The 'Scarlet Letter': One Mistake Shouldn't Ruin a Life


Philadelphia Mayor Michael Nutter once suggested that Philadelphians who have served their time in prison will no longer be referred to as “ex-offenders”—they will be called “returning citizens.”

The executive director of the Office of Re-Integration Services told the Philadelphia Inquirer, at the time, that he hoped the new term would have a “cognitive effect” on those returning from prison.

That is sort of like saying we're going to call cancer “silly cells” and hope that patients will think they're not sick.

The problem isn't that people being released from prison are called “ex-offenders”; the problem is that we've made it so difficult for ex-offenders to find jobs, homes and opportunity that society almost guarantees failure.

A 2010 survey by the Society for Human Resource Management found that 92 percent of their members, which are mostly large employers, perform criminal background checks on some or all job candidates.

In another study, Harvard criminologists Bruce Western, Devah Pager and Naomi Sugi found that a criminal record reduces the likelihood of a job callback, or offer, by nearly 50 percent.

An estimated 65 million U.S. adults have criminal records. They often confront barriers that prevent even the most qualified from securing employment, according to the National Employment Law Project.

A single criminal conviction should not tarnish a life otherwise spent abiding the law. A criminal record should disappear over time, and there is research to support that proposition.

If an offender has a history of criminal conduct that stretches over time, then the record should be preserved and used to enhance penalties and warn employers, the public and law enforcement that this individual is potentially dangerous and definitely a criminal nuisance.

On the other hand, an offender who has gone crime-free for a period of time should have his criminal record removed.

In 2009, Alfred Blumstein and Kiminori Nakamura of Carnegie Mellon University wrote in Redemption in the Presence of Widespread Criminal Background Checks that there comes a time after a period of crime-free behavior when an ex-offender is no more likely to commit a crime than the general population.

Their analysis was based on a statistical concept called the “hazard rate.” The hazard rate is the probability, over time, that someone who has stayed clean will be rearrested. For a person who has been arrested in the past, the hazard rate declines the longer the former offender remains arrest free.

The Blumentstein-Nakamura study examined the hazard rate for 18-year-olds when they were arrested for a first offense of one of three crimes: robbery, burglary and aggravated assault. For robbery, the hazard rate declined to the same arrest rate for the general population of same aged individuals at age 25.7 or 7.7 years after the robbery arrest. After that point, the probability that the convicted individual would commit another crime was less than the probability of other same aged individuals in the general population.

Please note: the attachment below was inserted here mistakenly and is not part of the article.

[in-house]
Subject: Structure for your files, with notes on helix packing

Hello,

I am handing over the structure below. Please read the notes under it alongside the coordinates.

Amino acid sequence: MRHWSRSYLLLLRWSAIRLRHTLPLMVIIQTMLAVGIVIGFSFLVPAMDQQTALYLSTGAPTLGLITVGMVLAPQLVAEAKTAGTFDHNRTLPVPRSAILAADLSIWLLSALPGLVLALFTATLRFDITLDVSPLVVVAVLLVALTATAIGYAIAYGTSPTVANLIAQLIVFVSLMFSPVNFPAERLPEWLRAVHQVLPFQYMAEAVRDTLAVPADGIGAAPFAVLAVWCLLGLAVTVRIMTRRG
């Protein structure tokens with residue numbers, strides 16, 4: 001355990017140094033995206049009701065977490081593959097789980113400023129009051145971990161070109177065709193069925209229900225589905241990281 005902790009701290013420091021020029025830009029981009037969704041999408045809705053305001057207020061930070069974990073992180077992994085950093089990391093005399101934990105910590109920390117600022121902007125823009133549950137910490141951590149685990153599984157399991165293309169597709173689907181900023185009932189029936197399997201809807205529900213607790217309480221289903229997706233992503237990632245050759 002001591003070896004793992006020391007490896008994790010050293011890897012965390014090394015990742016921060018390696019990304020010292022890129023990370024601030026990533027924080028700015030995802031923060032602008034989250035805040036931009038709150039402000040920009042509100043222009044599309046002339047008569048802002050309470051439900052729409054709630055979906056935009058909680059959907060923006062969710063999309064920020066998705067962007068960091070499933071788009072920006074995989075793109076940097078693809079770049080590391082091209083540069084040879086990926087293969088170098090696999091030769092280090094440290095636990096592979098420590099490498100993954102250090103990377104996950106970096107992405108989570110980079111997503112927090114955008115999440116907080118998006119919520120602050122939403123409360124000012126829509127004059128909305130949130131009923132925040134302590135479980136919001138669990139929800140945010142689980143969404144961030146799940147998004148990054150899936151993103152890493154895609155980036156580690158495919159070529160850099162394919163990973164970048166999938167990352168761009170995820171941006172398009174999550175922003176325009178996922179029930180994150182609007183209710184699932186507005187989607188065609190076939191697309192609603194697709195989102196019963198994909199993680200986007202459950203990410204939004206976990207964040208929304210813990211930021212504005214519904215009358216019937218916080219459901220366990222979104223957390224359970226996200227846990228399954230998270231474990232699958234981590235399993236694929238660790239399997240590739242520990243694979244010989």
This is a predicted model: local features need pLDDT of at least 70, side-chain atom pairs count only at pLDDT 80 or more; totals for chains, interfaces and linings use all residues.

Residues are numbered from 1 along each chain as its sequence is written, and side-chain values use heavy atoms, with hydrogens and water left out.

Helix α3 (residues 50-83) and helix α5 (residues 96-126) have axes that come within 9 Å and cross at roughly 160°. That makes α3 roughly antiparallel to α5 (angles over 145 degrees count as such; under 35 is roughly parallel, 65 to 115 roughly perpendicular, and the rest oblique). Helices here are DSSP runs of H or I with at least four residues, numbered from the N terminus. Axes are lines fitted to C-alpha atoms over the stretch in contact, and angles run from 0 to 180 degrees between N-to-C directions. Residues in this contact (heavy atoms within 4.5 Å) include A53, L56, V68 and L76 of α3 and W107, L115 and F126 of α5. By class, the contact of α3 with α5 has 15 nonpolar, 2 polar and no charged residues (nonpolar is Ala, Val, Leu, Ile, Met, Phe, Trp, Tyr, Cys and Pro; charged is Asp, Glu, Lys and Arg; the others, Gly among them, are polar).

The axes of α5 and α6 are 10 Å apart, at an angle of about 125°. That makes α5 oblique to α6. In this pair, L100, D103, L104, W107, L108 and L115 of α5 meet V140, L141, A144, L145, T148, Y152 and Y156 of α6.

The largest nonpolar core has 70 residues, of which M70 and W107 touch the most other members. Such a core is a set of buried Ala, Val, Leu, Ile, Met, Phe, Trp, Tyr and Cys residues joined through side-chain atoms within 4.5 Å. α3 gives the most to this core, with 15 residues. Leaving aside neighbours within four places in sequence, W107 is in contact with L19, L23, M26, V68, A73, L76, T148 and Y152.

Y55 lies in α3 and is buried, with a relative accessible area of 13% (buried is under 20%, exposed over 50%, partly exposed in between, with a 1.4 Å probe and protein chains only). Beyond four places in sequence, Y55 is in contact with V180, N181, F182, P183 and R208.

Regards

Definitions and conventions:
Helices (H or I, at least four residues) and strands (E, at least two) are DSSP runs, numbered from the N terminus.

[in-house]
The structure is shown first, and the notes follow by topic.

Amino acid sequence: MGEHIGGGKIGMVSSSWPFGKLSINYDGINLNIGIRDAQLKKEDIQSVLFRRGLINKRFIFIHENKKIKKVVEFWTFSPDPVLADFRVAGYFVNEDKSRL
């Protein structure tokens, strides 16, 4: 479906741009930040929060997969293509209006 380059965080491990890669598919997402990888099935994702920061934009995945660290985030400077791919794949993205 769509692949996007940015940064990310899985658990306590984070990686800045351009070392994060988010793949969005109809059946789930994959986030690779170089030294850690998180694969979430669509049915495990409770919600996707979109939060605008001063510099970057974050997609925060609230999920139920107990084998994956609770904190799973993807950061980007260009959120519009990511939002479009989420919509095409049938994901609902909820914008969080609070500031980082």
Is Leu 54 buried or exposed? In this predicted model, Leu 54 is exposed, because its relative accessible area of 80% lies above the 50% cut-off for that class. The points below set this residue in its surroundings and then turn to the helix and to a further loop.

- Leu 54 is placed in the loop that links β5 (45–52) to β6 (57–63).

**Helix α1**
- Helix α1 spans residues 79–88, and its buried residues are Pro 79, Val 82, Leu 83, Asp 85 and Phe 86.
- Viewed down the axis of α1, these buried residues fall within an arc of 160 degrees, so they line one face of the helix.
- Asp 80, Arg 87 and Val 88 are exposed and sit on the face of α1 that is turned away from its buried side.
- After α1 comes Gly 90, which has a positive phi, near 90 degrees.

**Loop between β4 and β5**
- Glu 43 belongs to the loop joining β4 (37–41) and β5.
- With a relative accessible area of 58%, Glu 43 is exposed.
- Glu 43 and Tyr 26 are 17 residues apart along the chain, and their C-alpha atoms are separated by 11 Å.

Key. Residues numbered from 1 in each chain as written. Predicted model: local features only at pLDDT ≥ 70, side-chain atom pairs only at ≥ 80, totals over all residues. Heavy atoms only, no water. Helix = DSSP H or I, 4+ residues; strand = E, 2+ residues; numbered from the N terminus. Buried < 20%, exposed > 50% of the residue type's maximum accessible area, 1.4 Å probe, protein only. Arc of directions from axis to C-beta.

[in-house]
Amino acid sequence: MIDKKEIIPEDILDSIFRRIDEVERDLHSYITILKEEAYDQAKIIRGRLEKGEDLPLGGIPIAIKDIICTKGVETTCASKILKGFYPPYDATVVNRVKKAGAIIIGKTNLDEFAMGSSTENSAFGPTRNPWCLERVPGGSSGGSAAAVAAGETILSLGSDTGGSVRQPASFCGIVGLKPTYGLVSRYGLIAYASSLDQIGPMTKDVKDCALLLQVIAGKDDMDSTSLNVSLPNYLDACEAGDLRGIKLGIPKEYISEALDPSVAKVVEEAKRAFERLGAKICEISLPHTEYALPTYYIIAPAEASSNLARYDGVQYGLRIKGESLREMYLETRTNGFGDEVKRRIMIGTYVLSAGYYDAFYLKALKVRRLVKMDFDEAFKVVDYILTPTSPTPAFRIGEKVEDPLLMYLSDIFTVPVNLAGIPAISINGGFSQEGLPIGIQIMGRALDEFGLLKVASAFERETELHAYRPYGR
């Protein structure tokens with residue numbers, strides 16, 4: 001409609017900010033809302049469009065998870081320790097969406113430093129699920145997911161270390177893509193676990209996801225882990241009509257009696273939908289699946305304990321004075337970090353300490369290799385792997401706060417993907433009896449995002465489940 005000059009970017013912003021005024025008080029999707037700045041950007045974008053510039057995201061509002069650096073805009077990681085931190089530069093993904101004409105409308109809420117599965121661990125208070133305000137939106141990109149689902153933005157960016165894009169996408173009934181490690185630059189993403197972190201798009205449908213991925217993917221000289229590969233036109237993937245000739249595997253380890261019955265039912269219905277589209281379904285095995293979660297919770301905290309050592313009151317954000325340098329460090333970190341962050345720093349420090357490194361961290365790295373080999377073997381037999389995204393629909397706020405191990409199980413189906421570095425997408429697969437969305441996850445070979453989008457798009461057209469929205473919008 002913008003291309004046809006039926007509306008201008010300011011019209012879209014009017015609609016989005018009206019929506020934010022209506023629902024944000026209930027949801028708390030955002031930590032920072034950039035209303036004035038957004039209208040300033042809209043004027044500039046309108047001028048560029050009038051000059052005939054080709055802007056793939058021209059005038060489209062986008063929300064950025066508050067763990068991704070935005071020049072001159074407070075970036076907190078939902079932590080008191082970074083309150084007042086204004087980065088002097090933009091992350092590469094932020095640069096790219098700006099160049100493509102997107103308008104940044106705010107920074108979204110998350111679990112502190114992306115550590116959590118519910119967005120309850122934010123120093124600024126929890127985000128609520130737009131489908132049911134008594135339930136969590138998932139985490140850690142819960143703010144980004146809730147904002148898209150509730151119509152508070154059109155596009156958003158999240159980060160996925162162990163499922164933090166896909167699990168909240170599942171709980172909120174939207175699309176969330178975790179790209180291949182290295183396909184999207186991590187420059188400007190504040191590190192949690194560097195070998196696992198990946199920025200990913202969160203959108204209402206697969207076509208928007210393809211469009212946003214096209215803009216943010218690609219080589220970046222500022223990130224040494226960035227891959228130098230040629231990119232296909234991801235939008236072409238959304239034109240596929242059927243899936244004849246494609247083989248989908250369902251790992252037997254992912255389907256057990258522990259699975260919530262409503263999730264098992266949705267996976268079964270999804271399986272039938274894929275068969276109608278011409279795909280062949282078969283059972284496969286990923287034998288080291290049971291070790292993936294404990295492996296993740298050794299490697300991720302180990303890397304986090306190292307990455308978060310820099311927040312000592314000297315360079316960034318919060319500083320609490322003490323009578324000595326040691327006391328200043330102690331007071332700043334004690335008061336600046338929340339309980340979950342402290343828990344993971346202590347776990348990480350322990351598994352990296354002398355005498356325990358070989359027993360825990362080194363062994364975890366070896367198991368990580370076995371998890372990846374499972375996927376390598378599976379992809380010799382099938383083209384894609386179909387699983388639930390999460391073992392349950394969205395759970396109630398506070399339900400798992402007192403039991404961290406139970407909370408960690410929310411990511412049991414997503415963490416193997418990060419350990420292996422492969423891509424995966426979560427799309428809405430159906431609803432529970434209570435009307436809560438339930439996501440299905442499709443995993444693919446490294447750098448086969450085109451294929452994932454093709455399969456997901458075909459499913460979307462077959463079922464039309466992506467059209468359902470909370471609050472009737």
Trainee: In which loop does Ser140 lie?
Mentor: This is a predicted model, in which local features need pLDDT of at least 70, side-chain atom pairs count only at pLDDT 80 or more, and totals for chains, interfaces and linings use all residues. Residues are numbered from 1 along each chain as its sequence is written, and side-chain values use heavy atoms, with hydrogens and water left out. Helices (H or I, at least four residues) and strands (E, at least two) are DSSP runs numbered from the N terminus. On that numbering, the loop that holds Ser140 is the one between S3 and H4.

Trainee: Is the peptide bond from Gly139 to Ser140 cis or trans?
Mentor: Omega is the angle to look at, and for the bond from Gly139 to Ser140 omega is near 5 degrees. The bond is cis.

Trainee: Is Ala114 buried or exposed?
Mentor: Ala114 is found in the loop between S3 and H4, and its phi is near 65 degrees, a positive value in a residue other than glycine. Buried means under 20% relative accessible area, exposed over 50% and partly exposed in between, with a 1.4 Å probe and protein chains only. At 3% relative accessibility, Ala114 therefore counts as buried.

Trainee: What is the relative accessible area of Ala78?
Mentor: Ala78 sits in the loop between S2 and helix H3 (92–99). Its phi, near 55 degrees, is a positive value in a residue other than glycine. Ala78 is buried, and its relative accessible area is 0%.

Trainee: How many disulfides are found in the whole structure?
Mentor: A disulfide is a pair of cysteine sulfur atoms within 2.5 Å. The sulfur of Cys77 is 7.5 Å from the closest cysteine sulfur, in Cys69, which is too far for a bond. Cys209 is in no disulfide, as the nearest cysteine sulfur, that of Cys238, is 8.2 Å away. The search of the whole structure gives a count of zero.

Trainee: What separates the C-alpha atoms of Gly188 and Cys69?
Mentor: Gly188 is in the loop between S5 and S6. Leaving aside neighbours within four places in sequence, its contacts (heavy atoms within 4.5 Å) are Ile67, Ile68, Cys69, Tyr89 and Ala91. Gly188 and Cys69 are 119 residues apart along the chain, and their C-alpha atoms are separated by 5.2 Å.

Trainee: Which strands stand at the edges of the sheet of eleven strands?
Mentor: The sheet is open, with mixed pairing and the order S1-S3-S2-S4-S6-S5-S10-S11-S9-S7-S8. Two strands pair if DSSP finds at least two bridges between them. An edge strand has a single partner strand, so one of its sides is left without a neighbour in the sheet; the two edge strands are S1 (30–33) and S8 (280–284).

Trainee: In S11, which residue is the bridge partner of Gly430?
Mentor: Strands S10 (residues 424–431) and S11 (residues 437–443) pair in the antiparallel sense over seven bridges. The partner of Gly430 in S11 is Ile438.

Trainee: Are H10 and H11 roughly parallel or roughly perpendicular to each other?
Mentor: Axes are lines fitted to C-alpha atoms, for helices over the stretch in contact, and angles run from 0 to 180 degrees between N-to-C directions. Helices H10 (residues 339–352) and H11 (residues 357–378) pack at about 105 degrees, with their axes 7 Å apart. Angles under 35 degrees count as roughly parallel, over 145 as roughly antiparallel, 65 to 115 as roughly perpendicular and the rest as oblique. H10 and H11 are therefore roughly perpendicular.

The study also examined the effect of the arrestee’s age at the time of his first arrest. The researchers examined the hazard rates for three ages of people in the study group—16, 18 and 20-years-olds—who were arrested for robbery.

In contrast to the findings with regard to 18-year-olds cited above, those whose first arrest occurred at age 16 drew even with same-aged individuals in the general population 8.5 years later. Individuals who were first arrested at age 20 caught up with the general population 4.4 years after their first arrest.

The analysis showed that the younger an offender was when he committed robbery, the longer he had to stay arrest-free to reach the same arrest rate as people his same age in the general population. The researchers found similar results for first offense burglary and aggravated assault.

Why shouldn't an ex-offender, crime-free for 10 years, have his or her criminal record purged?

In Pennsylvania, a second DUI more than 10 years after a first DUI is not compounded for purposes of sentencing. The state legislature felt that convictions so far apart were not indicative of a pattern of alcohol abuse and driving. In addition, the DUI offender's record can be expunged.

However, if a person gets arrested for theft, and is crime-free for 15 years, he still has a criminal record. Although, that offense will not enhance the potential penalties if there is a subsequent offense, it will follow the offender like a scarlet letter.

A 20-year-old college student who enters a fraternity house and breaks some windows as part of an alcohol-fueled prank, gets convicted of burglary—and struggles with that label for the rest of his life. In Pennsylvania, nothing short of a governor's pardon will clear his record.

It is time to rethink how, and to what extent, we punish in this country.

Punishment should not be a stigma that attaches and never let's go. Science tells us there is a better way, and policymakers should take heed.

Matthew T. Mangino is of counsel with Luxenberg, Garbett, Kelly & George P.C. His book The Executioner's Toll, 2010 was released by McFarland Publishing. You can reach him at and follow him on Twitter @MatthewTMangino). He welcomes comments from readers.

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